Going back to shorter terms will allow city voters to fill current open council seats in the May 5 election under the first-past-the-post model until council can address the flaw in the charter. There will be no run-off elections as a result.
“Although disappointing in some way for some of the candidates, council's thoughts were that protecting the city and its citizens was the most important issue,” Mayor Joe Bain wrote in his weekly blog. “If there are candidates that decide to protest the election (and I expect some will) it will leave the city on solid legal ground.”
Council’s decision to suspend three-year terms also eliminates the need for a special election to fill mayor candidate Jean Hennagin’s council seat. She was deemed to have resigned because of a stipulation in the constitution that applies only to candidates running for three-year terms.
The decision to reset council terms was based on recommendations in a letter to the city attorney from staff at the Texas Secretary of State. It reads in part, "After this [May] election, we recommend that the city council pass an ordinance assigning place numbers to the council members. We recommend assigning place 1 and place 2 to the two individuals who will just have been elected, and then assigning places 3-6 to the remaining council members."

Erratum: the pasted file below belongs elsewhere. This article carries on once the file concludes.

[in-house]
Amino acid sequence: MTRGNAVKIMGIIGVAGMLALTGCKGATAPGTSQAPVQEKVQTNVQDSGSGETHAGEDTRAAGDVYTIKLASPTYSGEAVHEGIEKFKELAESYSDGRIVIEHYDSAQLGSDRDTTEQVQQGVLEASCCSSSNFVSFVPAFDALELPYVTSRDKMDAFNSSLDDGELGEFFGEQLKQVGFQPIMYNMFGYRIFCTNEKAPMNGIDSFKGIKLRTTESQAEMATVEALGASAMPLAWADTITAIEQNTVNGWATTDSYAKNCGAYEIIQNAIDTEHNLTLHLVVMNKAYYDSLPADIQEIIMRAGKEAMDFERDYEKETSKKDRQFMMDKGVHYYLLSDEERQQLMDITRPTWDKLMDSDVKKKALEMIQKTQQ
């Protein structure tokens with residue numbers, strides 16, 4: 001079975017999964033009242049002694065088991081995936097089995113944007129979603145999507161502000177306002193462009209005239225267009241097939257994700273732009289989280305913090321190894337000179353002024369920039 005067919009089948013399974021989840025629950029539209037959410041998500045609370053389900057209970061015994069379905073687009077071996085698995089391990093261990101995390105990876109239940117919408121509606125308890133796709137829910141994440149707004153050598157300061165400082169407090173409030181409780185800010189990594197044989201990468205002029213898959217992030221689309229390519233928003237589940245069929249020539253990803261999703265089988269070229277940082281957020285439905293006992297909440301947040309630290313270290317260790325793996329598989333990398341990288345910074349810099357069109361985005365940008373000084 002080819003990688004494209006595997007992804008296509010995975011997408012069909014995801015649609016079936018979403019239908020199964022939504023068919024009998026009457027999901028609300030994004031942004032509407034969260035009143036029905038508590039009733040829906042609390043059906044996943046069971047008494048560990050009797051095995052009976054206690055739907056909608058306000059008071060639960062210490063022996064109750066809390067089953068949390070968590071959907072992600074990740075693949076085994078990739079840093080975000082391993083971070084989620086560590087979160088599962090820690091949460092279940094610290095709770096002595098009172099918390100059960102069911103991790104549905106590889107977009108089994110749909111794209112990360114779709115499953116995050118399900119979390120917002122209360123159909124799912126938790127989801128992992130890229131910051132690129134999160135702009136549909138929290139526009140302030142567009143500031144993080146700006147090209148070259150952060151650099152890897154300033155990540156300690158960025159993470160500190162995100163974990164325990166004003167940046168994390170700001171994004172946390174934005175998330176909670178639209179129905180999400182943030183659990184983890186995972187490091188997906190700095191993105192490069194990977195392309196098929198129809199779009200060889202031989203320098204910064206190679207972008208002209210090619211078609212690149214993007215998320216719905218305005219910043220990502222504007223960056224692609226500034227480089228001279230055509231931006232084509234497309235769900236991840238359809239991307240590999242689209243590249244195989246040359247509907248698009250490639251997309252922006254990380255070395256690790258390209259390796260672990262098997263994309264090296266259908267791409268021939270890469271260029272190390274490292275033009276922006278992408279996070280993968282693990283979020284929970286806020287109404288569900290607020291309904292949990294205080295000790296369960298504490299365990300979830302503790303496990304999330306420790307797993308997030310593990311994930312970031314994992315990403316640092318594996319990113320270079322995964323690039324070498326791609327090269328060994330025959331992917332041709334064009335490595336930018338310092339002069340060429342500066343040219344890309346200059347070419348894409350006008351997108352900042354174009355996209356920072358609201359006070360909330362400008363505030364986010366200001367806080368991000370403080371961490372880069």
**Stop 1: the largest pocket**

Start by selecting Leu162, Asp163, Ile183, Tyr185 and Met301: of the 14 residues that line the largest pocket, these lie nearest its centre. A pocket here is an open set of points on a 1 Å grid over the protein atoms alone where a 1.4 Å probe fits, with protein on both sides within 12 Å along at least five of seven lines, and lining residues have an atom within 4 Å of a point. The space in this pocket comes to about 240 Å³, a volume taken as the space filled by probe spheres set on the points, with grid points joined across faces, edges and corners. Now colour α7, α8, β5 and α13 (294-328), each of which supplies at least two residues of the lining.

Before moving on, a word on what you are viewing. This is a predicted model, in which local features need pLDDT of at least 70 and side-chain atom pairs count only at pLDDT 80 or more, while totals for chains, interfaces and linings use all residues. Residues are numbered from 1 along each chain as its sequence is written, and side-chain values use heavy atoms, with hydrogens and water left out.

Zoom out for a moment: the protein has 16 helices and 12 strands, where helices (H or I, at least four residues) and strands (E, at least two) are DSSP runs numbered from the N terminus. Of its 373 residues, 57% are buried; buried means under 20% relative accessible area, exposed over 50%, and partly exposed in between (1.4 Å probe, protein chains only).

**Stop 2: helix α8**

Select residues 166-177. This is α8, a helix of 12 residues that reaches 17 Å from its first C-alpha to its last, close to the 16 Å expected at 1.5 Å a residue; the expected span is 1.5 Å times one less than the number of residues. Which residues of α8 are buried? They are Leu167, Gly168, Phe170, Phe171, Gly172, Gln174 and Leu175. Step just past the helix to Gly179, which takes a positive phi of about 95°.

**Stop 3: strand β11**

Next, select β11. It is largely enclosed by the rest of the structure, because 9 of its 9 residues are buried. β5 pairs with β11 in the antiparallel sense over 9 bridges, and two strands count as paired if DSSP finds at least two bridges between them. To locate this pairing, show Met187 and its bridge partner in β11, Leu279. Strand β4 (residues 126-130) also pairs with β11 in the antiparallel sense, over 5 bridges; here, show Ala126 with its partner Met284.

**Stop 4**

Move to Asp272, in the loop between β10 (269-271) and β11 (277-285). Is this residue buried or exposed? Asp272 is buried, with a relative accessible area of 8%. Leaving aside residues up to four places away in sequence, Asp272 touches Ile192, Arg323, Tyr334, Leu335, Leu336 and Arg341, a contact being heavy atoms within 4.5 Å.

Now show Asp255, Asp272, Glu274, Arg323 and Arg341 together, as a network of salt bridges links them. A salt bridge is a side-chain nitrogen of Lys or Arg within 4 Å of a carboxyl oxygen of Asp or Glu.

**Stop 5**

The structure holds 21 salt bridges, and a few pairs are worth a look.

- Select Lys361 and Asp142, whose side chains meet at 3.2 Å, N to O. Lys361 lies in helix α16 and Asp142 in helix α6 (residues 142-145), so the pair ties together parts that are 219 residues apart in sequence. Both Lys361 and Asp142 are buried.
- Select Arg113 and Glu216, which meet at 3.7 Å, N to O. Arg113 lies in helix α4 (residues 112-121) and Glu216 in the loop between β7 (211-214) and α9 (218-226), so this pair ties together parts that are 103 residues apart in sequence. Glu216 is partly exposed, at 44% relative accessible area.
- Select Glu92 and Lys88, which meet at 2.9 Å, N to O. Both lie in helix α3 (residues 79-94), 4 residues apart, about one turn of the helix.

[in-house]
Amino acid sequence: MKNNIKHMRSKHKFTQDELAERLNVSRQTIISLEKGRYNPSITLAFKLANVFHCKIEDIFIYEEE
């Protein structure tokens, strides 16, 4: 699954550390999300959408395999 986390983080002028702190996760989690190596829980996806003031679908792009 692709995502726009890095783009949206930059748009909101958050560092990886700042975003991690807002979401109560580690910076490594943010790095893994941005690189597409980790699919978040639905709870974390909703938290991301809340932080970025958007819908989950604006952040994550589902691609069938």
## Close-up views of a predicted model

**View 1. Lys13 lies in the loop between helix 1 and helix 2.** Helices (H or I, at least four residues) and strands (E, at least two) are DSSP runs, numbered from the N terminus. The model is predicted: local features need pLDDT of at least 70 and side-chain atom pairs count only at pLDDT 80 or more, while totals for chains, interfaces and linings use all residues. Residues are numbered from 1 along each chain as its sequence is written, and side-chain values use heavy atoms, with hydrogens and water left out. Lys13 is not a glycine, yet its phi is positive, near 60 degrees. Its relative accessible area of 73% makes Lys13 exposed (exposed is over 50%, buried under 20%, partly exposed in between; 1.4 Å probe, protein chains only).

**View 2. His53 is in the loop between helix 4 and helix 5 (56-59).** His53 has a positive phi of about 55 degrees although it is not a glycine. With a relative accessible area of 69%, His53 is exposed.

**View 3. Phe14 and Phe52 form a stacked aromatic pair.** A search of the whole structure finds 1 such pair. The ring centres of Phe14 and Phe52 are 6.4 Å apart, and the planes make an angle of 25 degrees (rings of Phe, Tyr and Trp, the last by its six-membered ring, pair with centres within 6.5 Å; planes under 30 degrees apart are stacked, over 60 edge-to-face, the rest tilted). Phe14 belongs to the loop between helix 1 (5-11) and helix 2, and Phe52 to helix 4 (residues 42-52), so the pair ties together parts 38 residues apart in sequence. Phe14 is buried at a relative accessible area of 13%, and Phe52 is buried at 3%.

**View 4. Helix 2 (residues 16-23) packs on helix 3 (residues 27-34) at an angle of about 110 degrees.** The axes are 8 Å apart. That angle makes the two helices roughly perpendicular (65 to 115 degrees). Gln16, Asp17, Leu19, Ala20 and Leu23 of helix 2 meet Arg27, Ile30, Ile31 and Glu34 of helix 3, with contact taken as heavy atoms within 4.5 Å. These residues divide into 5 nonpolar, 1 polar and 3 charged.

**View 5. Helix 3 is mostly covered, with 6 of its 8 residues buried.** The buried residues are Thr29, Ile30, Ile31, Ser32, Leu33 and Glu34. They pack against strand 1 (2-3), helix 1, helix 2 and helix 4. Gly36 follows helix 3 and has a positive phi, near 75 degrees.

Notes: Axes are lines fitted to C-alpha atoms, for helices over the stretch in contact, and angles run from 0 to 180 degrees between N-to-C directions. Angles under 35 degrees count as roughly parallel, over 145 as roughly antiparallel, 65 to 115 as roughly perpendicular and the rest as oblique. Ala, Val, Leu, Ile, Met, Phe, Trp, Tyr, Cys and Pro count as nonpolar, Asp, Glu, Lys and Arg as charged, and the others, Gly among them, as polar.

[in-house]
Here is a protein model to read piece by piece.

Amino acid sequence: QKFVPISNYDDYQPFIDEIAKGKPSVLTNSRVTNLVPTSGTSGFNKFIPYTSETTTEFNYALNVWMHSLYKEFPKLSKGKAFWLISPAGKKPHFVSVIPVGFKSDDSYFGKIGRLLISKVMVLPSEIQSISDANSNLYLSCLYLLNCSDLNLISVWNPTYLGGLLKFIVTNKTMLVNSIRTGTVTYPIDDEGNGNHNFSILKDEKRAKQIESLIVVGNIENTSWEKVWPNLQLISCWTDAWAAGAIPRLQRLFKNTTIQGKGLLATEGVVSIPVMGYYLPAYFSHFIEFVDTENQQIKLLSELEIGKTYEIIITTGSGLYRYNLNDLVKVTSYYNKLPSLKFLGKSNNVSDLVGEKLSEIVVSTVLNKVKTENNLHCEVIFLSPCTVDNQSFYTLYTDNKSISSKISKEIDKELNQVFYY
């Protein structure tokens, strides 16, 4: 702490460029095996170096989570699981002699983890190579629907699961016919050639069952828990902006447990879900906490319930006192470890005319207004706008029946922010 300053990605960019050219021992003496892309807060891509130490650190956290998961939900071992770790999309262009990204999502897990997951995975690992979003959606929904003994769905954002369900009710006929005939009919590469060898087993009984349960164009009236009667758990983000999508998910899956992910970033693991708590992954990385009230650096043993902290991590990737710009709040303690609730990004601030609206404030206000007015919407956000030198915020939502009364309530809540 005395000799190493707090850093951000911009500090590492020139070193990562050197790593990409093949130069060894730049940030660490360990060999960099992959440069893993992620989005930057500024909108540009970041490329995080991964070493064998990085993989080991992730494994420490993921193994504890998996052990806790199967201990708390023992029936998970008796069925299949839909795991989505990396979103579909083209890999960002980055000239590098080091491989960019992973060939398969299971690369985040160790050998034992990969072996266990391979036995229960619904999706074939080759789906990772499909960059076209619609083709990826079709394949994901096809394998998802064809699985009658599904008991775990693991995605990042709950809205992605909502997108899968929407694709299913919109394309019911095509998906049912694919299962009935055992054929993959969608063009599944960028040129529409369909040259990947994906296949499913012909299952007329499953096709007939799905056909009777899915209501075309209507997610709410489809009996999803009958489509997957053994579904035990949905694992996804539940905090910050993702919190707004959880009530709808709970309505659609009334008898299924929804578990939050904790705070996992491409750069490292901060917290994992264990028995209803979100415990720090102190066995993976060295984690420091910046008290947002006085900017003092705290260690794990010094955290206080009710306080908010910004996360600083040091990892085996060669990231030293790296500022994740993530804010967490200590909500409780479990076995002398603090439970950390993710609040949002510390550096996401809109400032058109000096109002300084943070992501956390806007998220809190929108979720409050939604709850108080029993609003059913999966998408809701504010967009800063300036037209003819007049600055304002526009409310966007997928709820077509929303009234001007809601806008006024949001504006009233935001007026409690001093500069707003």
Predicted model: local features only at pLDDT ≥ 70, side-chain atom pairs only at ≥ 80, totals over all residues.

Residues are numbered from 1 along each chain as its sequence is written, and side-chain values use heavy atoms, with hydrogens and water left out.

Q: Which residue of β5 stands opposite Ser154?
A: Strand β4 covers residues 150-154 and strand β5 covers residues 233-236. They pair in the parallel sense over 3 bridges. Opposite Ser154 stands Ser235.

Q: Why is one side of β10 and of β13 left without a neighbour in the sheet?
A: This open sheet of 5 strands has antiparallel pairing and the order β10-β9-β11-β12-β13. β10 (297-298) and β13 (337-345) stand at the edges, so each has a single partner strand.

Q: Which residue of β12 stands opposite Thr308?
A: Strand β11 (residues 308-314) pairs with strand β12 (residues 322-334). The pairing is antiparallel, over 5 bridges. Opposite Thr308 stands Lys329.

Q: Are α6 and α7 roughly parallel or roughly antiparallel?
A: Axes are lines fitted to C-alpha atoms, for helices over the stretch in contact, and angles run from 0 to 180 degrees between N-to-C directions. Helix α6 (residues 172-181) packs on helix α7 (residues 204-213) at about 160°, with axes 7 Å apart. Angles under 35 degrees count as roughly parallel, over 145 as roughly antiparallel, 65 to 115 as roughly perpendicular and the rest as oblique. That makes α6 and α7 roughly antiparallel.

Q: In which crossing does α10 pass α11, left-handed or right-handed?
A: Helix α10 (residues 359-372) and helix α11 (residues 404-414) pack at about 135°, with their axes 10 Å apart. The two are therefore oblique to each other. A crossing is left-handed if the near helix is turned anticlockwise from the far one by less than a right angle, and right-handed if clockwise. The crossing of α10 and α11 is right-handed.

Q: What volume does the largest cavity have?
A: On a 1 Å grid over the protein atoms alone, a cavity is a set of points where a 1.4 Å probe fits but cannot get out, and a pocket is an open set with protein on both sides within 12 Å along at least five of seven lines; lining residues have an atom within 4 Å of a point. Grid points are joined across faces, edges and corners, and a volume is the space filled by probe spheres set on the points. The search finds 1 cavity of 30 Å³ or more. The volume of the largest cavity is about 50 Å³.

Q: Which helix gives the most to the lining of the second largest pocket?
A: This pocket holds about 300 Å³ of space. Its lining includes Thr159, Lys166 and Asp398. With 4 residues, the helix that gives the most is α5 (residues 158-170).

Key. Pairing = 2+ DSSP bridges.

In a lengthy formula, the state attorneys also recommend council order a special election to fill the four remaining places in November 2018. Those four would then go on the ballot again in May 2019, along with the office of mayor. After that, the charter provision for three-year terms could be put in place, according to the letter.
Lakeway City Manager Steve Jones confirmed in an email, council does not have to address creating places for council members right away. However, there will be a November 2018 election to fill two council seats (now occupied by Dwight Haley and Jean Hennagin) and the new mayor's term will be one year, ending May 2019.
Fixing the city charter
The other item that was brought up April 23 involved amendments to repair the city charter. A provision in the Texas Constitution restricts home rule charter amendments to only every two years. But there are charter amendment choices on the current ballot. If the current election results in a revision to the charter, the city cannot call a vote to address the flaw until November 2020.
“It would be in the best interest in my opinion for voters to vote against all of the charter amendments [on the current ballot],” Bain wrote. “Although there is no legal precedent that was found that tells us calling the election doesn't start the two-year clock on charter amendments, we think a passed amendment would surely start that clock and it would be good to amend the charter in the November election."